Medium Tree Finch

The specie belongs to the group of Darwin finch. It is only found in the islands of Galapagos. A species of fly, philornis downsi was accidentally introduced in the region. The fly species lay their eggs in the bird nests. Parasitic larvae after hatching live in the nest, feeding on the nestlings blood and flesh at night. Medium Tree Finch only lay 2 to 3 eggs at a time, and the flies are destroying them. The explains why the bird is in the list of the protected birds

All About Albatross- For Bird Fanatics!

albatrossFor all the bird enthusiasts out there, an albatross aloft can be a breathtaking sight. Named for its short tail with a black bar at the end, this large seabird also known as “mollymawks” begins life with majestic blackish brown feathers and light pinkish yellow legs. As it grows up, its feathers turn white, leaving just black borders to the wings and a tinge of rust orange on the nape and crown. The feet are blue and the bill is big and pink, attaining a blue edge with age.

Anatomy

Did you know it is one of the largest birds in the sky as the wingspan of the male Albatross can reach more than 3.5 meters in length, which means it has the biggest wingspan of any other bird. It is an easily detectable bird with a body that is approximately more than 1 meter long in size.

Distribution

This large species is found throughout the southern and northern Pacific and also in the colder Antartica regions. It belongs to the Diomedeidae family along with other sea birds including fulmars, diving petrels, storm petrels and shearwaters. There are approximately 22 different species of Albatross found in the southern seas, but unfortunately 19 such species are believed to be threatened with extinction today.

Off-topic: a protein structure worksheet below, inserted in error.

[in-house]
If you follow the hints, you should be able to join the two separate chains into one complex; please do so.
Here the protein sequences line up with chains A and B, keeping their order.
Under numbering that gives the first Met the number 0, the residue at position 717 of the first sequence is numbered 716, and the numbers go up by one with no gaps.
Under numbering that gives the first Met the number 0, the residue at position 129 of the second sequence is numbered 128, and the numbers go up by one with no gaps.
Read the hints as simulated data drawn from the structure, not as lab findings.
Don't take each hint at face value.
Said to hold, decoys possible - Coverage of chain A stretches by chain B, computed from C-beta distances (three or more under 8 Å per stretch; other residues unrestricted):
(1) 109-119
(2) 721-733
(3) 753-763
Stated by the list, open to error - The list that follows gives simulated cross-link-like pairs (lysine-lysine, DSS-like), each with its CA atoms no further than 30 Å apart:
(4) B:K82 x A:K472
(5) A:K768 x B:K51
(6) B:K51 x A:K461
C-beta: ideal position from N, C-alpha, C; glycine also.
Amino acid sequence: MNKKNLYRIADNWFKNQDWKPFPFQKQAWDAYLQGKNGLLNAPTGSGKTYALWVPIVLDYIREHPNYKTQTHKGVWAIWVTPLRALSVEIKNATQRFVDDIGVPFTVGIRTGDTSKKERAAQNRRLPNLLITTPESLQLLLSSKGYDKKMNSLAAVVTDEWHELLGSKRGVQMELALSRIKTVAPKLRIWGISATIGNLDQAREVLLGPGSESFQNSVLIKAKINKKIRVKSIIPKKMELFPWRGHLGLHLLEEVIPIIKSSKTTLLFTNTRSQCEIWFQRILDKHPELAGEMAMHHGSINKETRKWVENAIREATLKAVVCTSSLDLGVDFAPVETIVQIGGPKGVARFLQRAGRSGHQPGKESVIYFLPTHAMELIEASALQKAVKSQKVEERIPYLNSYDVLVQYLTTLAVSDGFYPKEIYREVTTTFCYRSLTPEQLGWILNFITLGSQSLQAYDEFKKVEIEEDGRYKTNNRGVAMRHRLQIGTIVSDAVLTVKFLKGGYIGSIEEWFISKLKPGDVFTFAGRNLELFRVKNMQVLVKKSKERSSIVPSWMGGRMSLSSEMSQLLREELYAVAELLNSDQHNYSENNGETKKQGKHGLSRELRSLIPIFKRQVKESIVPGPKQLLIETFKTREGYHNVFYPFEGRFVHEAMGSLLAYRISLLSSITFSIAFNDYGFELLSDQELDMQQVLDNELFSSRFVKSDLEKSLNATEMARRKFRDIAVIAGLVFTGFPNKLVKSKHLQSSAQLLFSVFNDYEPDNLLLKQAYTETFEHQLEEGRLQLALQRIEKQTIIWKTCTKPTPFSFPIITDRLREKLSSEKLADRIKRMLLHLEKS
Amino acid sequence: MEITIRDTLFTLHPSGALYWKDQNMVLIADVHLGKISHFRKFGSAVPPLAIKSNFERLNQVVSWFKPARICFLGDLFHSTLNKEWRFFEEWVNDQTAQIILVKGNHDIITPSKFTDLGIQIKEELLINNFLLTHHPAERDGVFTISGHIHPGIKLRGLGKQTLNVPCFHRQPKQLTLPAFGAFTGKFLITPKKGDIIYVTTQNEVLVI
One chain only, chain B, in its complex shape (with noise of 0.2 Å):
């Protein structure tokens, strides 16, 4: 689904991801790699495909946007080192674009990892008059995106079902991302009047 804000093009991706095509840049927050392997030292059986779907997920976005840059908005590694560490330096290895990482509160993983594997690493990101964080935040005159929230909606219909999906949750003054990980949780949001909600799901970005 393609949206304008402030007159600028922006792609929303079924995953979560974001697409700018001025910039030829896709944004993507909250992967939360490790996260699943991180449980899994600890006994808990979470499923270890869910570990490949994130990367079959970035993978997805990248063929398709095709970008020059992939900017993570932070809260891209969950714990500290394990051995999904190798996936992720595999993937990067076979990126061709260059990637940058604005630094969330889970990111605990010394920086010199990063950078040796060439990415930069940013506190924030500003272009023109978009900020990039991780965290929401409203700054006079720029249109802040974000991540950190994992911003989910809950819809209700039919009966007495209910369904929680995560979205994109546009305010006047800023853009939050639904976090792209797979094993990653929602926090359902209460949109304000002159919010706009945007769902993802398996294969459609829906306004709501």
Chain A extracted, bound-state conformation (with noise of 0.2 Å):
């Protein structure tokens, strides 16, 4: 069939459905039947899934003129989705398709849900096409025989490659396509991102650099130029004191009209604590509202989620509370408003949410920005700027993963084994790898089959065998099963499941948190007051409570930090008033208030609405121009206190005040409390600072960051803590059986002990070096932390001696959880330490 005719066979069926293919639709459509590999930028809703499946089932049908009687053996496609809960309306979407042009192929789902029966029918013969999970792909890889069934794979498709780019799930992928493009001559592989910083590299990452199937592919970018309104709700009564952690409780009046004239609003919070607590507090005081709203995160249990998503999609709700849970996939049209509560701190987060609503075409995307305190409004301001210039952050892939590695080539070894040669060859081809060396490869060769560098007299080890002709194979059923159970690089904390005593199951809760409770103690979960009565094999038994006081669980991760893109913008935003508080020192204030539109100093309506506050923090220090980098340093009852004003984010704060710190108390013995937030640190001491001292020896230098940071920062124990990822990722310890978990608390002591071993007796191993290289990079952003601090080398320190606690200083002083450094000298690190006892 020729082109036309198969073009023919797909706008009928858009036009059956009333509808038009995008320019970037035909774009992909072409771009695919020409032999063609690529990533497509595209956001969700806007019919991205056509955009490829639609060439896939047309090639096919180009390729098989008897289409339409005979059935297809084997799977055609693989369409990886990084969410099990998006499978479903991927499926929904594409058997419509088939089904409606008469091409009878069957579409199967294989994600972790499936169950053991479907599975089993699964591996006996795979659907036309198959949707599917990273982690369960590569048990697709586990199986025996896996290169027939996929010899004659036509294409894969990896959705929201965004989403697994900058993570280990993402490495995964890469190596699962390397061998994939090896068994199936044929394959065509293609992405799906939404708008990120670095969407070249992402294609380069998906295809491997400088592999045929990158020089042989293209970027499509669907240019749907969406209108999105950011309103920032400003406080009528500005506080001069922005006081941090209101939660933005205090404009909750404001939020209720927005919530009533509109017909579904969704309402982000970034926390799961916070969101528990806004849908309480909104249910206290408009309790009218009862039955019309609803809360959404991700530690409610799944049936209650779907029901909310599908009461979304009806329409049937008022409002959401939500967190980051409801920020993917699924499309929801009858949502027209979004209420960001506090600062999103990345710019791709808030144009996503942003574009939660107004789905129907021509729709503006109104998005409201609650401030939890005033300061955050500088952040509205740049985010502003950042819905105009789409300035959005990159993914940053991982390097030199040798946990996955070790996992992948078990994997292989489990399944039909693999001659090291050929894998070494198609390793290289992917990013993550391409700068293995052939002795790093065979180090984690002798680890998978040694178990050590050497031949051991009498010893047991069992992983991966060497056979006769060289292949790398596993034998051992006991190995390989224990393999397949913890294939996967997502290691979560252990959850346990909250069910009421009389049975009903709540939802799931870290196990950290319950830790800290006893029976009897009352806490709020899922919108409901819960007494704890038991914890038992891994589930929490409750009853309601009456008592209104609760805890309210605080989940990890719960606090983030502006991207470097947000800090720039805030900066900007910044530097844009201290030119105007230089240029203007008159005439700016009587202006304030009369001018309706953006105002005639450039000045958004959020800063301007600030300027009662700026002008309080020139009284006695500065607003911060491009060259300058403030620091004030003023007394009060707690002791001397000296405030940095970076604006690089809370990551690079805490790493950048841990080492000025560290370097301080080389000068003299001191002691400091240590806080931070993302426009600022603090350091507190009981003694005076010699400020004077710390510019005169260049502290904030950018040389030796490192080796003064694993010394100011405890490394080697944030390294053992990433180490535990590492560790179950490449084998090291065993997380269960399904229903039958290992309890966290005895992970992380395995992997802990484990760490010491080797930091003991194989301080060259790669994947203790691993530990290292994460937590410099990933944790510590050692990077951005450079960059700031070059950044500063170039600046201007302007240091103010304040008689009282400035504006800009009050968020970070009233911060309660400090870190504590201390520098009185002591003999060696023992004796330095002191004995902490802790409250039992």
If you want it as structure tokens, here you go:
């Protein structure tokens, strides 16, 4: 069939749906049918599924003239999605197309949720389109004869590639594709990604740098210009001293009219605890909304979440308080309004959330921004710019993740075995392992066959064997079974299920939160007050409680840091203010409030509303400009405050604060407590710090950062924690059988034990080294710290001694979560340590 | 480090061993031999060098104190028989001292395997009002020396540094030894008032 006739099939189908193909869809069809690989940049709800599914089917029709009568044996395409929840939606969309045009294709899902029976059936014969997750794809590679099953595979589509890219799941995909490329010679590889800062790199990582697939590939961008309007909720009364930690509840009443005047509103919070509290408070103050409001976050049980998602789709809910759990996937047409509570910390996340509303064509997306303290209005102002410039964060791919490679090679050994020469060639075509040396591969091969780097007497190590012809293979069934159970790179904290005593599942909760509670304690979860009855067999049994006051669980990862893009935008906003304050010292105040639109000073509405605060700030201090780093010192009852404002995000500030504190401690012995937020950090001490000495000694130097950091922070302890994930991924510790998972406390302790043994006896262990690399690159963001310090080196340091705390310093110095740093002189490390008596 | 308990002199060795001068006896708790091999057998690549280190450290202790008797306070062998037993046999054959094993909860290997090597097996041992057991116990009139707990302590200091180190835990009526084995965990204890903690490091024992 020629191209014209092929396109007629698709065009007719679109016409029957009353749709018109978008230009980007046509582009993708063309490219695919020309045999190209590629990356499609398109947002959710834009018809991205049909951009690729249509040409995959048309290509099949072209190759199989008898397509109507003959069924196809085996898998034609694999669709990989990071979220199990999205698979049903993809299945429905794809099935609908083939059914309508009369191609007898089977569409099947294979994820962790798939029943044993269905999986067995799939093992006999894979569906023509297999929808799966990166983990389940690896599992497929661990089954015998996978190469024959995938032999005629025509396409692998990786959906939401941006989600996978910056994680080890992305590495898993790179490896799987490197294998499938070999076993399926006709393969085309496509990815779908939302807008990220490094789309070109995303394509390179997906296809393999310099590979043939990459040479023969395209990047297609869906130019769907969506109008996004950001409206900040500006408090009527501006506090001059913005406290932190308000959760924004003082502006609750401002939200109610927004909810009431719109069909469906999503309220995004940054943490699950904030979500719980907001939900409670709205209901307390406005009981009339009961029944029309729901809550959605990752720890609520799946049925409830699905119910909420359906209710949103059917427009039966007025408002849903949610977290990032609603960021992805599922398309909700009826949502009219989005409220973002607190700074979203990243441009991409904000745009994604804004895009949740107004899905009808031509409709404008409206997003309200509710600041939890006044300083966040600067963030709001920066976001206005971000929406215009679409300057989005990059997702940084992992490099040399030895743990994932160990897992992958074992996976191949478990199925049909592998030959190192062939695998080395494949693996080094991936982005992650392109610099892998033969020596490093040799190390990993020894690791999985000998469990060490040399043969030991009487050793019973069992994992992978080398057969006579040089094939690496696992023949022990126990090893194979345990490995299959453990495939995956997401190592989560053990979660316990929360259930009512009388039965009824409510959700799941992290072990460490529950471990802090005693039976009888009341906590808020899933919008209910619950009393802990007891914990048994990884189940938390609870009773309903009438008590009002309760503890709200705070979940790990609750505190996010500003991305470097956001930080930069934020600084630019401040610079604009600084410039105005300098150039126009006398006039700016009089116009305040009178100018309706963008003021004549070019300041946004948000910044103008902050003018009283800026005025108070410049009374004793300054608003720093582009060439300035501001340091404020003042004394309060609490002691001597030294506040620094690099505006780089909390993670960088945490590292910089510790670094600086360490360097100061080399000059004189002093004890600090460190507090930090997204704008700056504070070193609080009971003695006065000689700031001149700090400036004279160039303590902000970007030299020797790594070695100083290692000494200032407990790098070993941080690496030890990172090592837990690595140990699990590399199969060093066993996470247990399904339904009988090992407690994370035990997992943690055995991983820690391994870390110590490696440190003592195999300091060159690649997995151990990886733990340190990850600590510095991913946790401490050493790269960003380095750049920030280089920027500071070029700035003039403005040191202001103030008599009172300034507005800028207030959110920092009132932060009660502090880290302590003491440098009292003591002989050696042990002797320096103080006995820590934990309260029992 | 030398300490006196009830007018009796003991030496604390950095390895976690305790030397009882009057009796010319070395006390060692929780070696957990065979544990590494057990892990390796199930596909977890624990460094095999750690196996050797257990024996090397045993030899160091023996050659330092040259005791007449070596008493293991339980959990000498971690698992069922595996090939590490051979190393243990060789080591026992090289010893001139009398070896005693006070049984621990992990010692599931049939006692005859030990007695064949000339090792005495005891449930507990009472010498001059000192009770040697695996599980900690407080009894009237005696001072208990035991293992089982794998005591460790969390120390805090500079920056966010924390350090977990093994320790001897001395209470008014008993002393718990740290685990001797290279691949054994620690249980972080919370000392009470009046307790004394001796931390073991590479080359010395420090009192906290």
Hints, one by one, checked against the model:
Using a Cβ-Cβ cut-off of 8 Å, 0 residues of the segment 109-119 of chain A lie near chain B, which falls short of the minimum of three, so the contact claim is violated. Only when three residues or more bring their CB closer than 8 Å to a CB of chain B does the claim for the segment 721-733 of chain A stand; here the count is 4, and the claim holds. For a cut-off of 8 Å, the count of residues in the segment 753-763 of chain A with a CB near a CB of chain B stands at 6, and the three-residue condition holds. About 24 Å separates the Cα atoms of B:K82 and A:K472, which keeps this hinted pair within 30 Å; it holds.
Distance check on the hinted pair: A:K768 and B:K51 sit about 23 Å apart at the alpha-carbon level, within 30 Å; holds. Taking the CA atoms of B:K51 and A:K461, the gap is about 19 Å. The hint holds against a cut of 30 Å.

Habitat

This unique bird is air bound and spends its entire life gliding above the sea waves and is well known to fly thousands of miles in very less time. During breeding season, the family returns to a dry land where they nest in huge colonies on the cliffs of rocky, remote islands inside the Antarctic Tundra.

Birdwatching

For Albatross encounter, bird watching in Kaikoura, located on the east coast New Zealand is consideeed to be one of the world’s most astounding marine watching areas. The reason being the plethora of marine birds that can be viewed just off what is a spectacularly mesmerizing coastline. In addition to this, bird watchers can also view them on the coasts of South America, South Africa, Australia, Galapagos islands, California, Alaska, Hawaii and Japan.

So go and enjoy the close up of these majestic birds as they are simply enthralling and worth watching.